For searching, I'm not sure the performance is entirely noticeable if you're on an optimized server / site utilizing object caching etc. Pods caches just like WordPress for it's data across the entire codebase, so that's something we've thought about deeply.

    I have chosen WPEngine as my managed WordPress hosting so I think optimizing server won't be a problem for me.

    As with Pods, let me tell you that I have discovered this framework today despite that I am planning website project for almost 2 months already and it seems that it's must-use plugin for my project, isn't it?

    I recommend keeping to the standard Custom Post Types and meta-based field storage in most cases, but something you'll find is quite bad when filtering is that when you run a query in WordPress for 10 fields, that's 10 extra database SQL joins just for the meta alone, and that can really slow things down when you have a lot of data.

    As meta-based field storage causes slowing things down and the solution is custom database tables, does Pods solve this? I mean what you have said above that you can have Custom Post Types as well as custom database tables and the only downside is WP_Query which you are working on. One more thing, I am not developer myself, could you tell me what that means in my scenario? I mean what will WP_Query problems will cause. Is it mostly search-related, or what?

    And the last question here I am going to run WordPress multisite as I have already said above and actually, there will be two search locations:

    1. On specific site - where end-user will be able to search custom post types only from that specific site;
    2. On homepage - which will index everything across the network;

    So, in first case, we are talking about defined quantity of posts. For example, maximum quantity of custom post types our site will have is hardly about 40 000. And we will have only few of these kind of huge sites. Others will have hundreds or few thousands.

    In second case, we will have to index hundreds of thousands of products just like wordpress.com search does.

    So, as quantity of items are slowing things down, it will impact only second case right? I mean, sites, itself won't have huge quantity of posts (if what you mean in HUGE isn't few thousands). I think it's good that WordPress Multisite creates dedicated table for each site, this will help specific sites avoid this slowing down right as search bar on specific site already knows in which table it should search for typed product, so instead of searching in hundreds of thousands products (like it would on single installation of WordPress) it will search in thousands.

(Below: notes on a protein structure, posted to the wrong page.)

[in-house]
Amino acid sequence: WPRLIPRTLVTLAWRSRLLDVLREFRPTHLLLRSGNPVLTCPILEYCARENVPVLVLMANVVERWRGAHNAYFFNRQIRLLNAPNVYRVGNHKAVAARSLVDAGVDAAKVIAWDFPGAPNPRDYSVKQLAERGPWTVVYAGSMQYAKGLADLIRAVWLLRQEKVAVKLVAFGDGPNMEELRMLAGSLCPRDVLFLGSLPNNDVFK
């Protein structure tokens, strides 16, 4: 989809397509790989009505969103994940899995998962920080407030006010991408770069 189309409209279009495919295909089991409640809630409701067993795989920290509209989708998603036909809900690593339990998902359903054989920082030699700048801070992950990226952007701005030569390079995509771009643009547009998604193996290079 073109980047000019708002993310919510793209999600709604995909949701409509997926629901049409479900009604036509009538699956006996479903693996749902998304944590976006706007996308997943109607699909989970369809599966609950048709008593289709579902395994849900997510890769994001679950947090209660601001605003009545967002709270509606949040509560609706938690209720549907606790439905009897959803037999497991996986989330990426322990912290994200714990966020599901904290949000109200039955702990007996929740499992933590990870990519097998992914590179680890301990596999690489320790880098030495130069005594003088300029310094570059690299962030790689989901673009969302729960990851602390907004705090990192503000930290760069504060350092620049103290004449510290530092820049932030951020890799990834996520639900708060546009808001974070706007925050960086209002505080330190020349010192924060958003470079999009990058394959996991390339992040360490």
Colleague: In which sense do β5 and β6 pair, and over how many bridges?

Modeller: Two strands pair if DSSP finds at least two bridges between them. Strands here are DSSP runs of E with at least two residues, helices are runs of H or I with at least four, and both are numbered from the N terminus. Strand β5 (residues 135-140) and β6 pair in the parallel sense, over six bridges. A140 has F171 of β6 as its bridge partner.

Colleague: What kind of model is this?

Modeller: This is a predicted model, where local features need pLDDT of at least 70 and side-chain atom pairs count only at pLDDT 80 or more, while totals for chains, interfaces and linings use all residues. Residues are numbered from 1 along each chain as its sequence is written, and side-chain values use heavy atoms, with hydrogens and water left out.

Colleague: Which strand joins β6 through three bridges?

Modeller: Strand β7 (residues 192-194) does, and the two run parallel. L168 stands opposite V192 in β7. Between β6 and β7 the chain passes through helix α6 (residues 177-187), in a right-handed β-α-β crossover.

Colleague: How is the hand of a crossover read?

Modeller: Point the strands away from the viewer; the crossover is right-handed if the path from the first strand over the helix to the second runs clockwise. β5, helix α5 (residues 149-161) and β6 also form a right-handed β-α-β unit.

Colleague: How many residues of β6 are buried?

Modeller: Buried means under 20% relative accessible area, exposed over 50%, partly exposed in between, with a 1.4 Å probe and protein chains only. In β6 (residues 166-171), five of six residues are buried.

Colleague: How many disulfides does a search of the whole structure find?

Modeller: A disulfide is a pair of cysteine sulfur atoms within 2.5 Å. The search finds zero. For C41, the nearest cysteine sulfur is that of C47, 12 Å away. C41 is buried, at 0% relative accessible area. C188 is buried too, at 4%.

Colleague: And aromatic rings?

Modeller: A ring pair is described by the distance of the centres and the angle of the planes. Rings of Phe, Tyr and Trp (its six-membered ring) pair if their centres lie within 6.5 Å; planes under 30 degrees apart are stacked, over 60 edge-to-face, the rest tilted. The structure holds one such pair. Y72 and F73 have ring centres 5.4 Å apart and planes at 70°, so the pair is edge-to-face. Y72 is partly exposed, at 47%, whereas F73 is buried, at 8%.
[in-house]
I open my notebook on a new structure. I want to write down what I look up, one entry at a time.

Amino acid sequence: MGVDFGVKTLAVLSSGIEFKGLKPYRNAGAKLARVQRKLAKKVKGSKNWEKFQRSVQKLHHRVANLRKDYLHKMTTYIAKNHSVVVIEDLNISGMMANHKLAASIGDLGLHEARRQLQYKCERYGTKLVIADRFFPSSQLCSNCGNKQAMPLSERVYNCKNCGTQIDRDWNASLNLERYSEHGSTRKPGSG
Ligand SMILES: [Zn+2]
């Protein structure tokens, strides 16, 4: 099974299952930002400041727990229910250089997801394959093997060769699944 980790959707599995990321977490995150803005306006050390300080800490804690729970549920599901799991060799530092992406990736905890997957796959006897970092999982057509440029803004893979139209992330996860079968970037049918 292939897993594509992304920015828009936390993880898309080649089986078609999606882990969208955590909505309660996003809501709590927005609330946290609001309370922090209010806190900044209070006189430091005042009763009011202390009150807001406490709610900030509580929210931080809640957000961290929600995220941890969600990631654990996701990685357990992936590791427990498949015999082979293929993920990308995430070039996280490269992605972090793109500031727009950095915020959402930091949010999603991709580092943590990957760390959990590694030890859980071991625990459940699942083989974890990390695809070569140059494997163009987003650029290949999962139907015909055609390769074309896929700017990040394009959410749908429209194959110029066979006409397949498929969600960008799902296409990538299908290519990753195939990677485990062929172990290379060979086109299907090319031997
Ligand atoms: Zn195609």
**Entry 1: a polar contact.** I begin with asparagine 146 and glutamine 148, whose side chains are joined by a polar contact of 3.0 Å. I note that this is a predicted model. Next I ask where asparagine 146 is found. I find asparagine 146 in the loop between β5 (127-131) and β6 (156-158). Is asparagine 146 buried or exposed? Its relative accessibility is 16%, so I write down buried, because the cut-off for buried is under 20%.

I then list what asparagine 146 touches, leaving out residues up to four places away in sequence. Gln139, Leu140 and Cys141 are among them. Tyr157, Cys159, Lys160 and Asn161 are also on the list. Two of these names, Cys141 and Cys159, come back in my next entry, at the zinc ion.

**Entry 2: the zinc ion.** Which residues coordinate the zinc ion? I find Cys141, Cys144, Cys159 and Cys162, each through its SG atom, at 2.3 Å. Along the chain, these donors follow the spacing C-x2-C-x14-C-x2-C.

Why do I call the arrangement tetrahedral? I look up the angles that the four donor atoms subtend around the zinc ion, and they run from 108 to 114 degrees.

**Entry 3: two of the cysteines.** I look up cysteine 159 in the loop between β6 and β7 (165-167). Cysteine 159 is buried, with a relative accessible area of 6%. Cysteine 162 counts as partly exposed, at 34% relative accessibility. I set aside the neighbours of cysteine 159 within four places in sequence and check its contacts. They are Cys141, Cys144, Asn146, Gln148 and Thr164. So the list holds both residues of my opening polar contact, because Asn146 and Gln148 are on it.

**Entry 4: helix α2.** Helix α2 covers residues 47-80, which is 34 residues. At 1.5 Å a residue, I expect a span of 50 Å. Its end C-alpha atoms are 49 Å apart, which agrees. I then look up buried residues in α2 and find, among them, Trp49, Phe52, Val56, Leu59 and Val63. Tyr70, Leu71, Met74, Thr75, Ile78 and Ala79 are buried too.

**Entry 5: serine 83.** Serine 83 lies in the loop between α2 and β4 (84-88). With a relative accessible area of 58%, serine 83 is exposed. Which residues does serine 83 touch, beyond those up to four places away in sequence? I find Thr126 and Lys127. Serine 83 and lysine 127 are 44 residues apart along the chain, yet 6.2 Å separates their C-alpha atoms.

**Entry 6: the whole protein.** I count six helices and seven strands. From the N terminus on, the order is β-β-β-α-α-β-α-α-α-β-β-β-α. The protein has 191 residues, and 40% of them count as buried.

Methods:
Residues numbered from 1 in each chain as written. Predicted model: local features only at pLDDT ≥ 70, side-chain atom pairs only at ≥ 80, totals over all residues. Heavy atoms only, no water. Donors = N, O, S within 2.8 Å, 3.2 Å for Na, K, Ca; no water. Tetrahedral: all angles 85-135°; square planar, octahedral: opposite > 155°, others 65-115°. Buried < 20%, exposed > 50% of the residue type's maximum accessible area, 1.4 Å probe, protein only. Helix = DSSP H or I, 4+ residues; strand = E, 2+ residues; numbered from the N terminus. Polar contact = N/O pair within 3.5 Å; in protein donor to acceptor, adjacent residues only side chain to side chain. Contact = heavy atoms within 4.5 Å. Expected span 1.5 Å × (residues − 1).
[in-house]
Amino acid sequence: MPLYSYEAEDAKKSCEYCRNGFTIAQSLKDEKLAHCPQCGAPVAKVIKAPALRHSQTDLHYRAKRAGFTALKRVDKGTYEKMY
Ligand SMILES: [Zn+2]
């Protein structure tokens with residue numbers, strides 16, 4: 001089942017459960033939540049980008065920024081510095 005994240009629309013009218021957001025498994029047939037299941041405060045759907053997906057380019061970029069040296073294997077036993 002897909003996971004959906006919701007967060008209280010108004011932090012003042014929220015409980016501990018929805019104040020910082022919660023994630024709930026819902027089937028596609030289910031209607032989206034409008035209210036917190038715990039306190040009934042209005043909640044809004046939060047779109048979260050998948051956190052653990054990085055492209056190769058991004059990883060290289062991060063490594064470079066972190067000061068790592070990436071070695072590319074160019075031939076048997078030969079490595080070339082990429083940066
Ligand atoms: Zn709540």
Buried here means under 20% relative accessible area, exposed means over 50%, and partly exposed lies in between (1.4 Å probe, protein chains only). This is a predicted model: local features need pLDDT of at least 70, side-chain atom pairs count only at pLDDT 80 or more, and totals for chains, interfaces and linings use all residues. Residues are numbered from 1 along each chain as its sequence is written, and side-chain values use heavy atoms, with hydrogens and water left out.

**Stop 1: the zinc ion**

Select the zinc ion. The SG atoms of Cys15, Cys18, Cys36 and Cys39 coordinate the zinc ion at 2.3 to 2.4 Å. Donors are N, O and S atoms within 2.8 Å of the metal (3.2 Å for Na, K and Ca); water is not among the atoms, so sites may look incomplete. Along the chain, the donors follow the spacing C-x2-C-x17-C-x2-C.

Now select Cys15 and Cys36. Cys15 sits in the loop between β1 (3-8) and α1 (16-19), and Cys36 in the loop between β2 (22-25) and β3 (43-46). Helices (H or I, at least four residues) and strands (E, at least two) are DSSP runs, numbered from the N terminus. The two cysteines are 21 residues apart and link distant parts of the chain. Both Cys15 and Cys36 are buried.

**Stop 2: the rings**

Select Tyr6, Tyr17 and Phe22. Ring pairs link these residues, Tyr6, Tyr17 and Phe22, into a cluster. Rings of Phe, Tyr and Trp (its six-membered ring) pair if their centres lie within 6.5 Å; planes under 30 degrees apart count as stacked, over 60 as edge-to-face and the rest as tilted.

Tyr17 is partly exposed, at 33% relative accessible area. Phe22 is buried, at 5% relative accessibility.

4. Scott Kingsley Clark
    Member
    Posted 1 year ago #

    Right, Pods can be used for CPT AND Custom Tables for storage of it's fields. No other plugin offers that, so it's likely they just didn't know about Pods or I think at that time Pods 2.0 wasn't out yet so they may haven't seen it.

    Great that you're using WPEngine, you've done a good job at giving yourself a running start for performance!

    The only issues I've seen arise from WP_Query, continue to be performance when doing multiple field lookups, like 8+ is when it starts to slow things down. If you cache the results, that helps offset the slowdowns, but if it's a page that isn't cached then you'll definitely want to be proactive about leveraging object caching wherever possible. I even submitted a fix for one of the major slow downs here: https://core.trac.wordpress.org/ticket/24093

    For a cool partial page caching function, check out http://pods.io/docs/pods-view/

    WordPress search does not allow that ability to search across multiple sites, are you using another solution for that?

  5. kshengelia
    Member
    Posted 1 year ago #

    Yes, I depend on WPEngine very much as the project is complex and I am more than happy that I can outsource things like performance, security and scalability.

    As with WP_Query, I think, 8 fields will be enough for filtering in most cases. I think even 4-5 fields will be enough. So let me rephrase the question - things are going slow after 8 fields exactly or each field causes slowing down? I mean filtering 1 field is faster than filtering 2 OR filtering 1,2,3,4,5,6,7,8 fields require same time? In other words, does WP_Query have problems exactly after 8 fields (cause that's how it's configured right now) OR it's speed problem even when you are filtering 2 fields BUT it isn't noticeable?

    WordPress search does not allow that ability to search across multiple sites, are you using another solution for that?

    I am going to run WordPress Multisite, not single installation and while it doesn't offer such functionality by default, it's relatively easy to achieve that with custom coding (actually there are pretty good plugins out there which we are going to use). Few examples are WordPress.com search system which searches in millions of blogs and Edublogs.org which let's users get search results from almost 2 million sites (their sites of course, they are running Multisite).

  6. Scott Kingsley Clark
    Member
    Posted 1 year ago #

    It's not an 8 field thing, that was just me saying something in general. I've seen issues with certain queries running when multiple fields are referenced, or the same field multiple times, etc.. It's primarily a MySQL speed problem based on the query the WP_Query generates.

  7. kshengelia
    Member
    Posted 1 year ago #

    Ok, thank you for information.

    Anyway, I am testing Pods on WPEngine trial installation and I am really excited with it already. Not only it handles custom post types & taxonomies & fields, but how it handles custom settings pages/items will save me hours of work.

    Thank you!